How to clean ducks using paraffin wax

Jerald Horst

January 15 at 7:00 am  | Mobile Reader | Pring this storyPrint 

After cutting off the birds’ wings, rough pluck them to remove the larger and stiffer tail and body feathers.
Jerald Horst
After cutting off the birds’ wings, rough pluck them to remove the larger and stiffer tail and body feathers.

Both Pat Bordelon and Mike Branton love to eat ducks. They eat them roasted. They eat them smoked. They eat them in gumbo. They eat them as bacon-wrapped roll-ups.

“My momma makes cornbread dressing with them,” Branton said. “She uses my grandmother’s recipe.”

But nothing can ruin a duck for the table faster than a poorly cleaned bird. Both men swear by cleaning their ducks using melted paraffin wax, a method many hunters have heard about, but few have done.

“The good thing about waxing ducks,” chuckled Branton, “is that it gives you time to drink a beer while the wax is heating up.”

Of course, he was kidding — at least partly. The best things about waxing ducks is that it is fast, easy and produces a beautiful bird with no pin feathers or fuzz.

Branton, ever full of one-liners, admired the first bird after he cracked off the hard wax. Not a BB hole marred the breast.

“It don’t make no difference if they’re flying or not,” he said. “All they gotta do is get close enough.”

Follow these steps to produce your own gorgeous birds for the table:

1) After cutting off the birds’ wings, rough pluck them to remove the larger and stiffer tail and body feathers.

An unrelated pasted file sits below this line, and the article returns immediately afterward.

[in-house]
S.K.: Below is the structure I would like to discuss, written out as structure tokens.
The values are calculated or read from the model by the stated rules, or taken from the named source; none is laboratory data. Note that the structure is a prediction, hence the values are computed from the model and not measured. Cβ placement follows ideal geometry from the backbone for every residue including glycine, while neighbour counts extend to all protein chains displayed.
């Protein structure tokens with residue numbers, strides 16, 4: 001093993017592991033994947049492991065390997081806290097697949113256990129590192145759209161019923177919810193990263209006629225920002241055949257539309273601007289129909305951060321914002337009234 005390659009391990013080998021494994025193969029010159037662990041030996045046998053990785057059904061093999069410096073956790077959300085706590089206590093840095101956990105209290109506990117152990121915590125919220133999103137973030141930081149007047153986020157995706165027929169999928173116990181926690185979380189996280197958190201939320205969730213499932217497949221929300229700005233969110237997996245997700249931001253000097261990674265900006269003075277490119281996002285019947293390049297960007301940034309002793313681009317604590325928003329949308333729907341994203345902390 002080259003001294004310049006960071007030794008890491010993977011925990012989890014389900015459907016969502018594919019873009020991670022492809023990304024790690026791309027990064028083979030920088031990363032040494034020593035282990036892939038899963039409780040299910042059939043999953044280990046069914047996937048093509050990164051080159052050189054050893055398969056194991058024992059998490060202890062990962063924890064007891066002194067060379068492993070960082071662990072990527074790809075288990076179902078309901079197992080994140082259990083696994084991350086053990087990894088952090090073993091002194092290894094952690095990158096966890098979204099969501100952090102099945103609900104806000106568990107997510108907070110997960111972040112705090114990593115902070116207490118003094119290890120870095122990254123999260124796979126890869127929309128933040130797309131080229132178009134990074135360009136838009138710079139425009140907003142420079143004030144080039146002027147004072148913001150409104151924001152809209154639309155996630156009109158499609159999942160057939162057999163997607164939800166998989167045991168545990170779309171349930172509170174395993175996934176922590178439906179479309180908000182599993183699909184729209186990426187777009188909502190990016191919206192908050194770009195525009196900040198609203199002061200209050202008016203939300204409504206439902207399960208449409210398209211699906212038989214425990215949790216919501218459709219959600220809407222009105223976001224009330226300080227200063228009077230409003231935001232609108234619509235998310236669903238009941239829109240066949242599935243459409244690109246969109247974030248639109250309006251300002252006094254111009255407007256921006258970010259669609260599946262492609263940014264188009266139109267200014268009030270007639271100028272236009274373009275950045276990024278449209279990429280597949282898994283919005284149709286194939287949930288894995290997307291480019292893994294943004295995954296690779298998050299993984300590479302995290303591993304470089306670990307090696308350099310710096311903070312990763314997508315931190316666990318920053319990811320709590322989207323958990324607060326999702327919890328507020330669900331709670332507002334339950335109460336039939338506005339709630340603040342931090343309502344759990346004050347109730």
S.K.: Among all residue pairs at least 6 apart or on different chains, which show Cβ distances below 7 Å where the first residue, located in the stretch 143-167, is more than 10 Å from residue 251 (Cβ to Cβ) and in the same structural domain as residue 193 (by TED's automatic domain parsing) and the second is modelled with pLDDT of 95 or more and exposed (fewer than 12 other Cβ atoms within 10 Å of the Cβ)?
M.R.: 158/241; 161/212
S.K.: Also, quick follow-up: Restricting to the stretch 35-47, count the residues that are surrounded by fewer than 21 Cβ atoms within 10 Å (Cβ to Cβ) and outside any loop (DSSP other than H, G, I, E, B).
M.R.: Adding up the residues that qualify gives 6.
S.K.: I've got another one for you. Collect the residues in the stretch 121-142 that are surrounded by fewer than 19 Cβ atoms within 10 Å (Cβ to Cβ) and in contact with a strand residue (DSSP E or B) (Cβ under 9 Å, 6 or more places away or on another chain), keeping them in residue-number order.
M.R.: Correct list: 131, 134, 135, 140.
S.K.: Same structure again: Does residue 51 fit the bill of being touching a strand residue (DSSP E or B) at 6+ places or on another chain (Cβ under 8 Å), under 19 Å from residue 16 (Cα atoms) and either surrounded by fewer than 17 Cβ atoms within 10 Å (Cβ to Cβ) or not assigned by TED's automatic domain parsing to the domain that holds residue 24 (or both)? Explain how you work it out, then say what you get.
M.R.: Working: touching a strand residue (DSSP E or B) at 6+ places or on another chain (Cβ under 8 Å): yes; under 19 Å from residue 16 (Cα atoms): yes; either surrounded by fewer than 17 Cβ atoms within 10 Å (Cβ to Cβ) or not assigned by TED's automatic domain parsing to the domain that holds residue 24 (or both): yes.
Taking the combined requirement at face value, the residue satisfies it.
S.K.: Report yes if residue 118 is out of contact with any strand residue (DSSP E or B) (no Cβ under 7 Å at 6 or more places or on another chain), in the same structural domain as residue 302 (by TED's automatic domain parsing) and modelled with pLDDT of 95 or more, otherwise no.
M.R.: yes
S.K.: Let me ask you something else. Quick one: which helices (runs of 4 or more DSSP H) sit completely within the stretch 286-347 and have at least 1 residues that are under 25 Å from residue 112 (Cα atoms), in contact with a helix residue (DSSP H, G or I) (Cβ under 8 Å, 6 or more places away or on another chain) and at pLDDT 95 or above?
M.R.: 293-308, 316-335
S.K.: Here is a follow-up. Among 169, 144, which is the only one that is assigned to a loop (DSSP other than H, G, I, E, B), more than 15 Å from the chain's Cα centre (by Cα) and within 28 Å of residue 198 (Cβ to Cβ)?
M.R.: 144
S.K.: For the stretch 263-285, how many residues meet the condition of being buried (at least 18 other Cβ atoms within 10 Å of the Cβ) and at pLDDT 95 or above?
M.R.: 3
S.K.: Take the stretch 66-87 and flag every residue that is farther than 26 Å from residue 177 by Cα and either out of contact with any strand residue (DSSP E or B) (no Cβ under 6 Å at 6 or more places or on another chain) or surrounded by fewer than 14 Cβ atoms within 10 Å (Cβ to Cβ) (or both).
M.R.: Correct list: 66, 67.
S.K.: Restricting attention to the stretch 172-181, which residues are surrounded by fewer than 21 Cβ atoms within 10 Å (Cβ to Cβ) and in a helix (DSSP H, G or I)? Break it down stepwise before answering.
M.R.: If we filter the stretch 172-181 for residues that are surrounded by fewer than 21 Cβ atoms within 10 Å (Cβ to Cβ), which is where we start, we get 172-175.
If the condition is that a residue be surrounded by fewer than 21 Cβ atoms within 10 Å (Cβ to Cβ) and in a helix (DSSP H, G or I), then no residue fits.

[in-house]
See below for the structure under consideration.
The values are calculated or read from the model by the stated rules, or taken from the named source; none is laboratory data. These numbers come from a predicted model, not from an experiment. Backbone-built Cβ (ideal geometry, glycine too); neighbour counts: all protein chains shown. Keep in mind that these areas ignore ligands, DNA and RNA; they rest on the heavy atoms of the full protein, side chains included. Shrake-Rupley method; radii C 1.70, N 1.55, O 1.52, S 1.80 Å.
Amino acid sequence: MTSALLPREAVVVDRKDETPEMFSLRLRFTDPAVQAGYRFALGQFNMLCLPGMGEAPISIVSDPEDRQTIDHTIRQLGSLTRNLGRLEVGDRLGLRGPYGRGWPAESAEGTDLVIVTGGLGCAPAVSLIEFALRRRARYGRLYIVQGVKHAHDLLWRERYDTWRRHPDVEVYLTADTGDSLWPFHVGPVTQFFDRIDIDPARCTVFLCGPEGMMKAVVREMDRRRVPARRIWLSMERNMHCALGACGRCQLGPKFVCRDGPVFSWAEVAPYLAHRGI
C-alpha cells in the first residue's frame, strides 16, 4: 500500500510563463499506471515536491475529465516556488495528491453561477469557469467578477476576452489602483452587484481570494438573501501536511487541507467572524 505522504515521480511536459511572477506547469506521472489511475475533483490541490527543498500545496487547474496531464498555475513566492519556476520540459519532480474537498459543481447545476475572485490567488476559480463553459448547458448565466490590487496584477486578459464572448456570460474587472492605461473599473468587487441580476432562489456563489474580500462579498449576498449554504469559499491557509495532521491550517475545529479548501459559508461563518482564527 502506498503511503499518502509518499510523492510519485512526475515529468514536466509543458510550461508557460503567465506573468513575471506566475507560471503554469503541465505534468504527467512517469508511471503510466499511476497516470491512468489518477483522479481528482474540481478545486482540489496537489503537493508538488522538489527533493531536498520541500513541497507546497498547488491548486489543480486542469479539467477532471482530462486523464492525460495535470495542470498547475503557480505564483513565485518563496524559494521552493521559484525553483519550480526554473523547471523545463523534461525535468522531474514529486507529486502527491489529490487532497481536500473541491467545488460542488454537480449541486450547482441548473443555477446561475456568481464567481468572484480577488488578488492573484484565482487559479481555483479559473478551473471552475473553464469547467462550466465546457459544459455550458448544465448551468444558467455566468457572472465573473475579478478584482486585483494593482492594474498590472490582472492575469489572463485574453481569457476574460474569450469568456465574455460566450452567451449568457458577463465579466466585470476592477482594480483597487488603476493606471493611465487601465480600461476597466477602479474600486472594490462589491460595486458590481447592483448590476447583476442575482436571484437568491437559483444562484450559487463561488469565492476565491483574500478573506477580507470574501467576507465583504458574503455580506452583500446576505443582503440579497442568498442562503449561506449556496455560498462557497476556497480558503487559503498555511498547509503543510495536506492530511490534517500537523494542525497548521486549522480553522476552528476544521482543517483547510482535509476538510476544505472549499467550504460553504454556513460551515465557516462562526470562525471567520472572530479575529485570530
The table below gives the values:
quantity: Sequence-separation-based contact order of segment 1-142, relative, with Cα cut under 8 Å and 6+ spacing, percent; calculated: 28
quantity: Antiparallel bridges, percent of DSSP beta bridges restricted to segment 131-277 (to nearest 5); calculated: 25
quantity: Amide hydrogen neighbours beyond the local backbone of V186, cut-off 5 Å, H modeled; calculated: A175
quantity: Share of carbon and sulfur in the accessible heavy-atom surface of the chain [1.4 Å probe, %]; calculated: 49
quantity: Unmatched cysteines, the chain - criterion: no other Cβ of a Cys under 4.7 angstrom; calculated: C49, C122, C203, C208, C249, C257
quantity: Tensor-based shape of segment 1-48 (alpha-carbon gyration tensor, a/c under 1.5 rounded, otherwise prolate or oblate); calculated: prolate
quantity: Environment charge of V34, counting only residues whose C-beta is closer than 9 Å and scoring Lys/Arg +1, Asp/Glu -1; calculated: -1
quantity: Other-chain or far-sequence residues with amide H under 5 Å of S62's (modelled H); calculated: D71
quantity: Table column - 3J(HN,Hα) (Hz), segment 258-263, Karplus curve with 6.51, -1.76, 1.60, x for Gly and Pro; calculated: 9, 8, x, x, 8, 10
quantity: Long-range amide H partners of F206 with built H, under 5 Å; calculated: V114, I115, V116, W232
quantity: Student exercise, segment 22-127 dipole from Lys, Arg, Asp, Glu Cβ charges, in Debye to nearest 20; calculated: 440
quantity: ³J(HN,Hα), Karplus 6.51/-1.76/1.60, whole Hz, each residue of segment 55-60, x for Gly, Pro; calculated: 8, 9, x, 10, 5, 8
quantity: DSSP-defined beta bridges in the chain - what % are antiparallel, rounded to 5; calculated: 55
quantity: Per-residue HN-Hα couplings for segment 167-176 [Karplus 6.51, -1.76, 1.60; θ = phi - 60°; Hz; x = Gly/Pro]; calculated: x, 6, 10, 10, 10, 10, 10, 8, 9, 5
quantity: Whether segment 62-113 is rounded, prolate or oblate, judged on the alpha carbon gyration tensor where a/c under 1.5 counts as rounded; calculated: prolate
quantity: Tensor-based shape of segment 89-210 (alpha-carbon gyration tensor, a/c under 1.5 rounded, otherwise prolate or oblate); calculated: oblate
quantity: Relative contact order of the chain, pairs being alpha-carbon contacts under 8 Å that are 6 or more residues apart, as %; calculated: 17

2) Melt about half a block of bulk paraffin wax with 6 to 8 inches of water in a pot large enough to accommodate dipping the bodies of the largest birds to be cleaned. Use enough wax to submerge the entire birds’ bodies except for the head. A seafood boiling rig is ideal for heating the wax.

3) Holding the head, dip each bird — one at a time — in the melted wax up to its neck, and then remove it slowly while using a stick to scrape off and conserve any excess wax.

4) Drop the birds into buckets of cold water to allow the wax to harden.

5) After the wax has hardened, crack it off the body of the bird. It should remove all the feathers. Used wax filled with feathers may be strained for reuse, but doing so requires more propane for heating it. Branton and Bordelon discard the wax removed from the birds.

6) The clean bird is then ready for removal of its head and gutting.

Editor’s note: This sidebar is part of a feature in the December 2013 issue of Louisiana Sportsman.

Melt paraffin wax in a pot large enough to accommodate dipping the bodies of the largest birds to be cleaned. Use enough wax to submerge the entire birds’ bodies except for the head. A seafood boiling rig is ideal for heating the wax.
Holding the head, dip each bird — one at a time — in the melted wax up to its neck, and then remove it slowly while using a stick to scrape off and conserve any excess wax.
Drop the birds into buckets of cold water to allow the wax to harden.
After the wax has hardened, crack it off the body of the bird. It should remove all the feathers. Used wax filled with feathers may be strained for reuse, but doing so requires more propane for heating it. Branton and Bordelon discard the wax removed.
The clean bird is then ready for removal of its head and gutting.


View other articles written Jerald Horst